Inside Spencer: The KSRL Blog

Commemorating the 100th Anniversary of Armistice Day

While conducting research in a collection of family papers for an exhibit I was putting together, I came across the paper hat shown below. The accompanying note in the box that houses it, provided by Mary P. Miller, gives some context.

This paper hat was worn on Armistice Day (then called “Peace Day”), November 11, 1918, by Eva Lathrop Phillips. Eva was meeting a friend in downtown Kansas City. It took her “all day” because she had to join a parade to move in the direction she wanted to go. Eva was 24 years old and attending business college in Kansas City from her home in Blue Rapids, Kansas. Eva died at age 102.

Image of the paper hat worn by Eva Lathrop Phillips on Armistice Day, November 11, 1918

Paper hat worn by Eva Lathrop Phillips on Armistice Day, November 11, 1918.
Nothing in the collection indicates where Eva got it.
Eva Lathrop Phillips Papers. Call Number: RH MS 710. Click image to enlarge.

The Kansas City Star estimated that “60,000 to 100,000 flag waving, cheering men and women” participated in the “monster Victory Parade” in downtown Kansas City – despite the ongoing flu pandemic.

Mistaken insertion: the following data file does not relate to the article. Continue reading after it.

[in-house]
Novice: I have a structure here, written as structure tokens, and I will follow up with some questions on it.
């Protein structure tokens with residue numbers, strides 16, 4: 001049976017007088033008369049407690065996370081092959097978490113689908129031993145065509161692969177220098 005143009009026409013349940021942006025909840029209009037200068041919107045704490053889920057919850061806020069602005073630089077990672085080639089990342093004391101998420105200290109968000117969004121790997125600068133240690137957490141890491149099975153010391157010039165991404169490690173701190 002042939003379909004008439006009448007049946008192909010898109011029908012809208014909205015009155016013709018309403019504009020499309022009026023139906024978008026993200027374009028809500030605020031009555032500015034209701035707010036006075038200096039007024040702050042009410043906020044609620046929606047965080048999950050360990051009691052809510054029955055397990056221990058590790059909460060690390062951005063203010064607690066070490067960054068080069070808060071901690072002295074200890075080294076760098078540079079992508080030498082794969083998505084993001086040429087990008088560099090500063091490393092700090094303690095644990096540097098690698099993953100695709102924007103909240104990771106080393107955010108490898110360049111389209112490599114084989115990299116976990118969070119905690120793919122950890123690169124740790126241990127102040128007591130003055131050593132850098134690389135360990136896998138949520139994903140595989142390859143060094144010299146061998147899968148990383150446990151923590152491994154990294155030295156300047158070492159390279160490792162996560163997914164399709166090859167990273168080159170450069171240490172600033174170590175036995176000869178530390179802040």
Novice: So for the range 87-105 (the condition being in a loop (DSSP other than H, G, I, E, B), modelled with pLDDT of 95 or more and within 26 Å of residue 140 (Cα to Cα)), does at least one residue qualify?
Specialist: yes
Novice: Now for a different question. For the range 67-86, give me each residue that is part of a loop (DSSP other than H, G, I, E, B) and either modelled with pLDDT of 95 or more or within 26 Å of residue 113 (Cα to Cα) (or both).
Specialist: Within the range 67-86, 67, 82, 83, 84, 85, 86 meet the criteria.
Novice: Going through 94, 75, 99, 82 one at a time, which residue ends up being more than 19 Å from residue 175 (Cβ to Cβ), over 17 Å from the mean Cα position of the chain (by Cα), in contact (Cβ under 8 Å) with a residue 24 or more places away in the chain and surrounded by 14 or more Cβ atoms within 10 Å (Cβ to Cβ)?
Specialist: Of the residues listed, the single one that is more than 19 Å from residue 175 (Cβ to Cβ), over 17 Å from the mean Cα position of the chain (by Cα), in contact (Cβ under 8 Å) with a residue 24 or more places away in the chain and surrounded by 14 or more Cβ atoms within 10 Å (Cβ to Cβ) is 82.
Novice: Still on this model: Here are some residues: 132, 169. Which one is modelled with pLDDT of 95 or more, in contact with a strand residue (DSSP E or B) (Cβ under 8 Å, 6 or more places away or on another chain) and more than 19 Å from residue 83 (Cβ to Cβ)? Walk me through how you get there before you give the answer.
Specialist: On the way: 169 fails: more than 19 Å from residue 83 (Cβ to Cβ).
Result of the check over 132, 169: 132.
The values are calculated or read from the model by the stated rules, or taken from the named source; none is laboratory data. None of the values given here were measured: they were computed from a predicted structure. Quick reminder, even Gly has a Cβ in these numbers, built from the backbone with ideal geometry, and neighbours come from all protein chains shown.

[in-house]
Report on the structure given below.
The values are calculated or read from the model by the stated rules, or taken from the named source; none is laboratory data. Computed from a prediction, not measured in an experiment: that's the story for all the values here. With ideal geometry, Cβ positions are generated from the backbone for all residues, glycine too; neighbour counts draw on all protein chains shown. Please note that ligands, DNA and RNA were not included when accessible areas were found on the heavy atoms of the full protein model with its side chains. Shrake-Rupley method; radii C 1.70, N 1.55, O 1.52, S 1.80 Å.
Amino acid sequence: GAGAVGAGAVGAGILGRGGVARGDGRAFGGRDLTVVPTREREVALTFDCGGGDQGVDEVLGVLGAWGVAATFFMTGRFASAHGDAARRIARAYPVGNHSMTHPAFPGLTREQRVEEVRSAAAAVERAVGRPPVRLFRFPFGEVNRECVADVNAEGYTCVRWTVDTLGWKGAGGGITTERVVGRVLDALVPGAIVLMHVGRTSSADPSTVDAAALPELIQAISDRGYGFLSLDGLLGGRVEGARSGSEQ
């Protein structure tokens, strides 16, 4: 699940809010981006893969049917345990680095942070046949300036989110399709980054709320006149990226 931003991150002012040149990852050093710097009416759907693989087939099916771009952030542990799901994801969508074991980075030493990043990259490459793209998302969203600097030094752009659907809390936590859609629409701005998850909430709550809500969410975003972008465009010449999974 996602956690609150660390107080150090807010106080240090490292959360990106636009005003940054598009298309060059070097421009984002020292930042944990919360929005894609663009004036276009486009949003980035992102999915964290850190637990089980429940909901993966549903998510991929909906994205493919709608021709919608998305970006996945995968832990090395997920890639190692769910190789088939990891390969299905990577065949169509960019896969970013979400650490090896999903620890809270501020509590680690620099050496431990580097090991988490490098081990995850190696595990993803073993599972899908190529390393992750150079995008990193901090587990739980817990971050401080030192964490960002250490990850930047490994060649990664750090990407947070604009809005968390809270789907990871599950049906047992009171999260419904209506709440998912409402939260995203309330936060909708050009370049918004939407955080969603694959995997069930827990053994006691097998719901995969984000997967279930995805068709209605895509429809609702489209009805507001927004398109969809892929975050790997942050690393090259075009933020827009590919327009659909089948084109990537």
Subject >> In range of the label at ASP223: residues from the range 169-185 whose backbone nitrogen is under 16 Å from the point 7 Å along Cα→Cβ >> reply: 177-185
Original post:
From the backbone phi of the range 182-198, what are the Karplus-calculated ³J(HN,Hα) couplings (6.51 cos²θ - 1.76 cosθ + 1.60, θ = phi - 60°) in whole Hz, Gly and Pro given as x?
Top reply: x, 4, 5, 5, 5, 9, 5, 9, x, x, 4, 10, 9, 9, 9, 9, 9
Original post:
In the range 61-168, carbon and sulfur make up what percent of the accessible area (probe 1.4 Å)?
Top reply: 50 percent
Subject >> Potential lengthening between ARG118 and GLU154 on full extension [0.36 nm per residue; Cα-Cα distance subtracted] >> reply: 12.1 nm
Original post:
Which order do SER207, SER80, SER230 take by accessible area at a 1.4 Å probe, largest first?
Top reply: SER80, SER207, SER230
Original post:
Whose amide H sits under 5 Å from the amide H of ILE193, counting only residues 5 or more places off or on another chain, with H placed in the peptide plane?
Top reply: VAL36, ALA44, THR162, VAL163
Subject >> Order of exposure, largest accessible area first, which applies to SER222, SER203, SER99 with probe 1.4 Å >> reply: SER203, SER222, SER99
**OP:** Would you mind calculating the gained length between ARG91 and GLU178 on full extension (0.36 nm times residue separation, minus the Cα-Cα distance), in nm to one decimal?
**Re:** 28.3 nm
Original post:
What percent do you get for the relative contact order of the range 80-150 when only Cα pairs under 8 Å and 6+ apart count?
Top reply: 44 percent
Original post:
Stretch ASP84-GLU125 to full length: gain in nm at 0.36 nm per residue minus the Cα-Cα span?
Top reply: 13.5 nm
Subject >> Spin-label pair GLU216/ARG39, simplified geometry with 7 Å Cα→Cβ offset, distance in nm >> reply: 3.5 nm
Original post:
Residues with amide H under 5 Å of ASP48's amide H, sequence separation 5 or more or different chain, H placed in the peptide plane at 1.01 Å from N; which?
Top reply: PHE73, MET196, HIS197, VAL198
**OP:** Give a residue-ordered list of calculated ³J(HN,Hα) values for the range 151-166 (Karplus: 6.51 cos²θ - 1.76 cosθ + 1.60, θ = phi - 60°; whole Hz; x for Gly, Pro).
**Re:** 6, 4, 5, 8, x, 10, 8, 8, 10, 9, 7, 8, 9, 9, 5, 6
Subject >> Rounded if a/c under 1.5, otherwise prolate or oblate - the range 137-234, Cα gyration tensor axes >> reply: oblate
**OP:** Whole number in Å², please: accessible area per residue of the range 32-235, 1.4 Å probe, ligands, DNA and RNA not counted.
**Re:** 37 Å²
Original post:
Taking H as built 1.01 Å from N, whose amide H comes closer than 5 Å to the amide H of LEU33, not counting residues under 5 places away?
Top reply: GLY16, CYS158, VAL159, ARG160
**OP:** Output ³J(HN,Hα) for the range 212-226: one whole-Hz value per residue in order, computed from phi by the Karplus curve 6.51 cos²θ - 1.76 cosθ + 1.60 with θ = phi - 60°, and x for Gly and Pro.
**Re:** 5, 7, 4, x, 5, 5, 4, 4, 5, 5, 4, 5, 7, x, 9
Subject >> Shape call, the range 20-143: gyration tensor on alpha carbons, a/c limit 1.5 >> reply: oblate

The parade, hastily planned early today, started at 10:30 o’clock from Convention Hall. There was no attempt at organization, because of the lack of time, but was made up for the most of masses of workers from downtown stores and factories, released for the day to celebrate the release of the world from threatened German bondage.

To get a sense of what the scene looked like, check out these photographs of Armistice Day parades in St. Louis (Missouri Historical Society) and Philadelphia (Library Company of Philadelphia).

Photograph of the front page of the Kansas City Star on Armistice Day, November 11, 1918

Image of the article "A March of Victory" in the Kansas City Star on Armistice Day, November 11, 1918

Front page of the Kansas City Star (top) and the article
“A March of Victory” (bottom) on Armistice Day, November 11, 1918.
Anschutz Library microfilm collection. Call Number: MRN 0269.
Click images to enlarge.

Somewhere in the crowd of Kansas City revelers described in the Star article was Eva in her paper hat.

Evangeline “Eva” Lathrop was born in Irving, Kansas, on October 1, 1894. Her brother Byron enlisted in the Army and served in France. Around the time of the Armistice, Eva moved to Kansas City to attend school. In 1924, she married Alfred G. Phillips, also a veteran. She lived in Baxter Springs, Kansas, for fifty years.

Photograph of Eva Lathrop Phillips, 1992

Photograph of Eva Lathrop Phillips at age ninety-eight, 1992.
Frowe and Lathrop Families Records. Call Number: RH MS 696. Click image to enlarge.

Kathy Lafferty
Public Services

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